Newclare Welfare + Security is challenging the perception of burly scowling bouncers on a power trip.
Found guilty of smuggling cannabis in Bali and subsequently sentenced to jail in 2005, Schapelle Corby quickly became a household name not only in Australia but all over the world.
Corby’s plight spurred Jesse Newson, thousands of kilometres away in Hawke’s Bay, to come up with the original concept for the INO, an electronic personal property device to give travellers peace of mind. Designed to be placed inside luggage and sound an alarm if opened by someone else and contents were exposed to light, it would inform you (via a smartphone app) where that occurred and whether it had been deactivated by an official airport security officer’s device, or whether the bag had fallen into the hands of somebody else.
Upon moving to Wellington in 2009 to attend Victoria University, he further developed the idea for INO and contracted an Auckland company to build an early prototype.
When he heard about the Bright Ideas challenge in 2011, run by economic development agency Grow Wellington, he knew he had to enter.
Just 20 at the time, Newson took out the ‘most exciting entrepreneur’ category. He’s always has an entrepreneurial streak; along with a buddy, he founded a vending machine company as a teenager in response to the healthy foods in school legislation that cracked down on the sale of junk food. They eventually sold it to some younger students, who carried on with the business for a couple of years until the legislation was repealed.
Until then, he’d always found his age to be a barrier in pursuing his entrepreneurial dreams. But at Bright Ideas, he found himself alongside others his age, as well as plenty of more seasoned start-up types, who treated them as equals and freely shared their experience.
Since then, Newson has made progress on the INO, but quickly ran into some “quite big barriers” with the TSA in the US and the New Zealand Civil Aviation Authority around regulations. The red tape issues have prompted him to circle back and take a good hard look at his proposition, which he says could now be adapted for domestic use in office and storage spaces, and potentially in freight and international cargo shipping.
“There are a lot more hoops to jump through to continue to develop it,” Newson says, and he’s not sure when – or even if – the INO will be hitting the market.
Newson has plenty more to keep him occupied, however. He’s finishing off a degree in commercial law and accounting, working at Grant Thornton, and running another company along with business partner Evan Clare on top of all that.
Newclare Welfare + Security is a new player on the Wellington scene, born out of Newson’s experience as a senior residential assistant at one of the university’s hostels (which is where he met Clare, who studied law and criminology and is Newclare’s director of operations).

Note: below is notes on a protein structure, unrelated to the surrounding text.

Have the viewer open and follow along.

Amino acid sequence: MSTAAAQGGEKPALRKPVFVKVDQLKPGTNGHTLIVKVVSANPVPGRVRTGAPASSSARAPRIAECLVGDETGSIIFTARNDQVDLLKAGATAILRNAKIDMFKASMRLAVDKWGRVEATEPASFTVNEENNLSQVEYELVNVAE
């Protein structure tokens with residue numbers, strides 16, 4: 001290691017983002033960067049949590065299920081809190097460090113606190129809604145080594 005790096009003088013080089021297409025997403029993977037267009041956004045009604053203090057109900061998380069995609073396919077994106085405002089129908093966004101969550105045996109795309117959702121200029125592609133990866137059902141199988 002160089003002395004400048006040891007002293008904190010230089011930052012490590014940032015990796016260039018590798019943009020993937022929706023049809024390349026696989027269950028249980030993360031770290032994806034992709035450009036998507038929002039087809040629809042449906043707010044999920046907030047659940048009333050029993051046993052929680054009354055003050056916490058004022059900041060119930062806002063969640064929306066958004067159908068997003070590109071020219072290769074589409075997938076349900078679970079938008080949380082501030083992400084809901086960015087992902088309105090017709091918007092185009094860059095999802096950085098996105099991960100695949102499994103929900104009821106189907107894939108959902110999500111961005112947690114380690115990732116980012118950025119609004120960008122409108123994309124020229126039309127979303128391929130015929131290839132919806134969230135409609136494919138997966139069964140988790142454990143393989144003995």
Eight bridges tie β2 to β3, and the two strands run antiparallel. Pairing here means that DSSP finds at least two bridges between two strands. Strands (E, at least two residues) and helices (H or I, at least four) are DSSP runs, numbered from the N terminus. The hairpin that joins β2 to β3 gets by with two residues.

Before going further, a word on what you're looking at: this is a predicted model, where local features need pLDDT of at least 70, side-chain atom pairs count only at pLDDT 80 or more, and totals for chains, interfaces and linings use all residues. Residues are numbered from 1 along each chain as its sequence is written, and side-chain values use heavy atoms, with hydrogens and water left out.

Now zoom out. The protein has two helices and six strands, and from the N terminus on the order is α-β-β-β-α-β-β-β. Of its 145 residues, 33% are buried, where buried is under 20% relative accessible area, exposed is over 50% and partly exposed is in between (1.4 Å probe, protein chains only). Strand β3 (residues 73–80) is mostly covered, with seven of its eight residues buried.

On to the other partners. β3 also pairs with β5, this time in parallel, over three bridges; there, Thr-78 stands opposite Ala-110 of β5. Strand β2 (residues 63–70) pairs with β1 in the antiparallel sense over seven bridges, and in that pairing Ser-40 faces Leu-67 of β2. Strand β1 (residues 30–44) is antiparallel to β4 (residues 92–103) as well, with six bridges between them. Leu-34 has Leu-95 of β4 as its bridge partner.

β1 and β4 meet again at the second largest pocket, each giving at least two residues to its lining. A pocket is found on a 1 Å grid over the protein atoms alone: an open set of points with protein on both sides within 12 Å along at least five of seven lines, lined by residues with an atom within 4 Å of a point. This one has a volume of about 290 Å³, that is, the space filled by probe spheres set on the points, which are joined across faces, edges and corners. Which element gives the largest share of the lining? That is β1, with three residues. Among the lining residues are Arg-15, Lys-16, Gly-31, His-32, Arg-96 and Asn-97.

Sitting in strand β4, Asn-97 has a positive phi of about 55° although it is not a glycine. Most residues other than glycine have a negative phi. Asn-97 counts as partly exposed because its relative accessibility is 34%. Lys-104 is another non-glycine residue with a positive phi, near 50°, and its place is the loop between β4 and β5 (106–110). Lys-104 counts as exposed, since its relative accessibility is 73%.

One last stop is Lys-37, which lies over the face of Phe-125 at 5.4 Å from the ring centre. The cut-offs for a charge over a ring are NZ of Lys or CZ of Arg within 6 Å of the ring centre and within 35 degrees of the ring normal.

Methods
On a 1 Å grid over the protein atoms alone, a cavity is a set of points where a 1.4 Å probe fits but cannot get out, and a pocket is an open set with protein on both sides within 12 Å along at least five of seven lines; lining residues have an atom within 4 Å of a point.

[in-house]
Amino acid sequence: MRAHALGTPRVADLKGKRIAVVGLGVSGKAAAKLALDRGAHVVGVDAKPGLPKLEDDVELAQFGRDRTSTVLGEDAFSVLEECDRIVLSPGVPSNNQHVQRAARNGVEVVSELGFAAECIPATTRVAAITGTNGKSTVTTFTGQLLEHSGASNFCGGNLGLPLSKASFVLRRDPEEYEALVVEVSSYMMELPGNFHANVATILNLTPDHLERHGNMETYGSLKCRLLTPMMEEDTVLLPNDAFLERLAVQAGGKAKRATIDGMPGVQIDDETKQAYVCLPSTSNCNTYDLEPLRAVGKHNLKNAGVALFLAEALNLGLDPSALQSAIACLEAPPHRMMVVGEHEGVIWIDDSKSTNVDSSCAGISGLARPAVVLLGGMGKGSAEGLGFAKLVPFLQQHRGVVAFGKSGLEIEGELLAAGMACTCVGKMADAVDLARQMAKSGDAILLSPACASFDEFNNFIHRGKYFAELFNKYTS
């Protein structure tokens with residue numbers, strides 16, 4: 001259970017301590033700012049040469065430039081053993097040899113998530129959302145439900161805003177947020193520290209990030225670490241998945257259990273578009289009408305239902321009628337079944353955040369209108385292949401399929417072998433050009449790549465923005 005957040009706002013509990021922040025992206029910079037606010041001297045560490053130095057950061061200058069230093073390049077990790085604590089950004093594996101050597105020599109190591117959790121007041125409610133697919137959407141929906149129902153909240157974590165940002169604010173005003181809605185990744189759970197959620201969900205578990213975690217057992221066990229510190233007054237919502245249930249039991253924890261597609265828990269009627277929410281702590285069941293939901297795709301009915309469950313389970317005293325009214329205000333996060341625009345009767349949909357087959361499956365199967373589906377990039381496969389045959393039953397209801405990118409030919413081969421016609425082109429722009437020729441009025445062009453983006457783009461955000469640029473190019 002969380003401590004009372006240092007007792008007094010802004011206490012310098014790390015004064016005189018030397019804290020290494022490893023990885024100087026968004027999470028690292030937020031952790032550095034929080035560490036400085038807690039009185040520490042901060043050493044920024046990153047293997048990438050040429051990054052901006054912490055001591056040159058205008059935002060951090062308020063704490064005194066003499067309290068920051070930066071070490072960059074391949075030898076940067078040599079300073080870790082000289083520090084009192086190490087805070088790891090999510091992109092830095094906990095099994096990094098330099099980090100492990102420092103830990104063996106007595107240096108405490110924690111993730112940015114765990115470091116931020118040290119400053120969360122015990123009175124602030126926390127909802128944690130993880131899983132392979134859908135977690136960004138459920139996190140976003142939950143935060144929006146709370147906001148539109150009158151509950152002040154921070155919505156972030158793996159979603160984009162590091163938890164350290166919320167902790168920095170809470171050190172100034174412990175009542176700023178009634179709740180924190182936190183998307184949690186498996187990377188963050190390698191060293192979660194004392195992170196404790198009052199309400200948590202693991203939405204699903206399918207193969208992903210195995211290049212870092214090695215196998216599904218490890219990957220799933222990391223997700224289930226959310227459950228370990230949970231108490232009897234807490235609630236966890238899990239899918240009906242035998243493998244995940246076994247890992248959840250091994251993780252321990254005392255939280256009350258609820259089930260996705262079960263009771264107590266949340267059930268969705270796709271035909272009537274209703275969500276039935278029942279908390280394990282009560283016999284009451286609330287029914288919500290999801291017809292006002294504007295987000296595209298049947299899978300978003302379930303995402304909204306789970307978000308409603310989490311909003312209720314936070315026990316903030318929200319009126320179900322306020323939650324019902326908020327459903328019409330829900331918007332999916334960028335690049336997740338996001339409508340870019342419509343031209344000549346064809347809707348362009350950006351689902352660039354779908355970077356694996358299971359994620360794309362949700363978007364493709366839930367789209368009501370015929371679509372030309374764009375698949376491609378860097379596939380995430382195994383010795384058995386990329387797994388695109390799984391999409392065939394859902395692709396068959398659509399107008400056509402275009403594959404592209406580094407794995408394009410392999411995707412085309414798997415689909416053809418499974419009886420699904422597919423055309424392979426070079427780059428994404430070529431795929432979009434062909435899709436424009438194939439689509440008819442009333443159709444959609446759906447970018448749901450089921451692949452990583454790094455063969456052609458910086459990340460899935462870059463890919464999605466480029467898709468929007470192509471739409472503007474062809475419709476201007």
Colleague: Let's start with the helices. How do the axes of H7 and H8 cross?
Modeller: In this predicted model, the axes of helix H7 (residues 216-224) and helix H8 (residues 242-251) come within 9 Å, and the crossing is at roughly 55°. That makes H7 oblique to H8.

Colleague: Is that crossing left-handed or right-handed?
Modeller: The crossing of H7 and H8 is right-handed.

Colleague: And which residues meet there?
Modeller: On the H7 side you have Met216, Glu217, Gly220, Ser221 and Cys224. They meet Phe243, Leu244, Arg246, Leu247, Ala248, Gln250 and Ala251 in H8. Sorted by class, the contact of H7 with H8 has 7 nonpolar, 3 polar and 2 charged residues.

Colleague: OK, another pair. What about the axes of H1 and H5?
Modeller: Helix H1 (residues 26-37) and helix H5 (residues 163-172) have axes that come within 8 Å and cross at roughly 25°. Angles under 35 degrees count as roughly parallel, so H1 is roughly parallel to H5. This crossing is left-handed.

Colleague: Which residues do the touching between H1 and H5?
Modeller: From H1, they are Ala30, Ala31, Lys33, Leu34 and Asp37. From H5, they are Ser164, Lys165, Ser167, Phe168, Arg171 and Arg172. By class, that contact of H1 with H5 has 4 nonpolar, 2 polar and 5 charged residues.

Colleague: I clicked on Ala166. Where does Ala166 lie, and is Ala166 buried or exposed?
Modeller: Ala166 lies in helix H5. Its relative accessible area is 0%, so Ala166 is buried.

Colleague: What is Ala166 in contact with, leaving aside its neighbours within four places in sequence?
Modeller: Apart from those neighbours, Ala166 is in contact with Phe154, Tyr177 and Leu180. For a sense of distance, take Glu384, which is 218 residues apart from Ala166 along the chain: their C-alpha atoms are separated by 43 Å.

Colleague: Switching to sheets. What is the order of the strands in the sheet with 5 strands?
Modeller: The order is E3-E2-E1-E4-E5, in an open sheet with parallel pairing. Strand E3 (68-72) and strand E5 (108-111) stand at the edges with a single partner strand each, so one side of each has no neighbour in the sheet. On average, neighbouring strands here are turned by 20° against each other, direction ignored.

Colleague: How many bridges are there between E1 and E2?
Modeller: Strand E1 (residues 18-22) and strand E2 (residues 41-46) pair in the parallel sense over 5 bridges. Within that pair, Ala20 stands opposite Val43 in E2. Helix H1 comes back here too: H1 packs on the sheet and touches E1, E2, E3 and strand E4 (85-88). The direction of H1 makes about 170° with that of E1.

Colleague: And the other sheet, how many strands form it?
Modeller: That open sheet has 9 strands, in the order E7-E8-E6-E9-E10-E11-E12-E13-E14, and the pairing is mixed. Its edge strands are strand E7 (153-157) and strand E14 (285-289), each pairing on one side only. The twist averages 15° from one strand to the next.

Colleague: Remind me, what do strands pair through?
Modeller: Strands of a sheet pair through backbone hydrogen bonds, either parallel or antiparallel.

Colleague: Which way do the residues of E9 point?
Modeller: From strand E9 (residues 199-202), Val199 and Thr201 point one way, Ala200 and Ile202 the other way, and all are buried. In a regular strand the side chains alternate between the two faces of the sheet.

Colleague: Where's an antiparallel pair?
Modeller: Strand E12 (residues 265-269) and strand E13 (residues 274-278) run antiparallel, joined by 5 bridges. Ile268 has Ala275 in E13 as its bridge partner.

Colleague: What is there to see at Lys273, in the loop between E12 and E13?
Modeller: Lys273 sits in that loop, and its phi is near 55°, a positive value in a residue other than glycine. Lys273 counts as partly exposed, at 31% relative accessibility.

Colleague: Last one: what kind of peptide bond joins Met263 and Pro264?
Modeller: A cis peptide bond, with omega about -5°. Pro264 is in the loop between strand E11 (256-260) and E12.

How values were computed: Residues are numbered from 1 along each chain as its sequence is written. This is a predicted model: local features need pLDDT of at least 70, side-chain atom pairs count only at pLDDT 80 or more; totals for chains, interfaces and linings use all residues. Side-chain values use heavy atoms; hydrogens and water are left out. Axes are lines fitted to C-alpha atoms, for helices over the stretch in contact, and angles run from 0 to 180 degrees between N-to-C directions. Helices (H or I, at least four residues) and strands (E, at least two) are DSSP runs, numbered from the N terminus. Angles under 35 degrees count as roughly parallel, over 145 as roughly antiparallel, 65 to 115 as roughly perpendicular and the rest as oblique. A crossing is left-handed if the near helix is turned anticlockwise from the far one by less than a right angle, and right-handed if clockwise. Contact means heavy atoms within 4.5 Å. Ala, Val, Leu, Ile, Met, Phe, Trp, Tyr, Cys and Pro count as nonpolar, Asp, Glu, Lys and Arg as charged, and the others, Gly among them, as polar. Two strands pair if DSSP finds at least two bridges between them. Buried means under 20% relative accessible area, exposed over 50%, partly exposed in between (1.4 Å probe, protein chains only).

While he knew nothing about the security industry to start with, witnessing firsthand a late-night security guard’s indifferent response to a fellow student’s assault was the catalyst for getting into the game and lifting standards.
“As a residential advisor at the university I dealt with a lot of drunk people, drugged people, and stressful, traumatic situations,” he says. “And I’ve seen the side effects of different ways of dealing with those situations and approaching those people – taking the right tone and approach can mitigate the situation substantially. This is all part of our model and extensive in-house training.”
Newclare, which draws on a technical advisory board that includes members of the police force, has grown to five staff and secured as many sites, mainly to university student accommodation and a couple of bars (schools and hotels are also likely future target prospects). Many of its employees are senior students themselves, who hold Certificates of Approval that certify them as security staff.
“The understanding of the university hostel environment is a major part of the success of the model. We’re not just taking people who’ve never experienced the environment they are working in.”
Entirely self-funded to date and fully licensed as a security operator by the Ministry of Justice, the company offers a more personal touch and dynamic approach to security than what has been available in the past, according to Newson.
“We’re spreading that model out as customer service-focused rather than that preconceived idea of what a security guard is – sleeping on the job, that sort of thing,” he says.
While security is by and large a competitive, price-based business dominated by the likes of Armourguard and First Contact, Newclare’s motto is ‘here to care’. And it pays its staff well, Newson says, attracting the “cream of the cream of the industry”.
“Our model recognises that [security] is an extension of customer service as opposed to just that person in the corner,” he explains.
“It’s a softer touch to security but one thing we assure our clients is that they’re trained to take that hard line as well.
“It’s more of a concierging role and customer support, adding value to a similar price to what you pay for security.”
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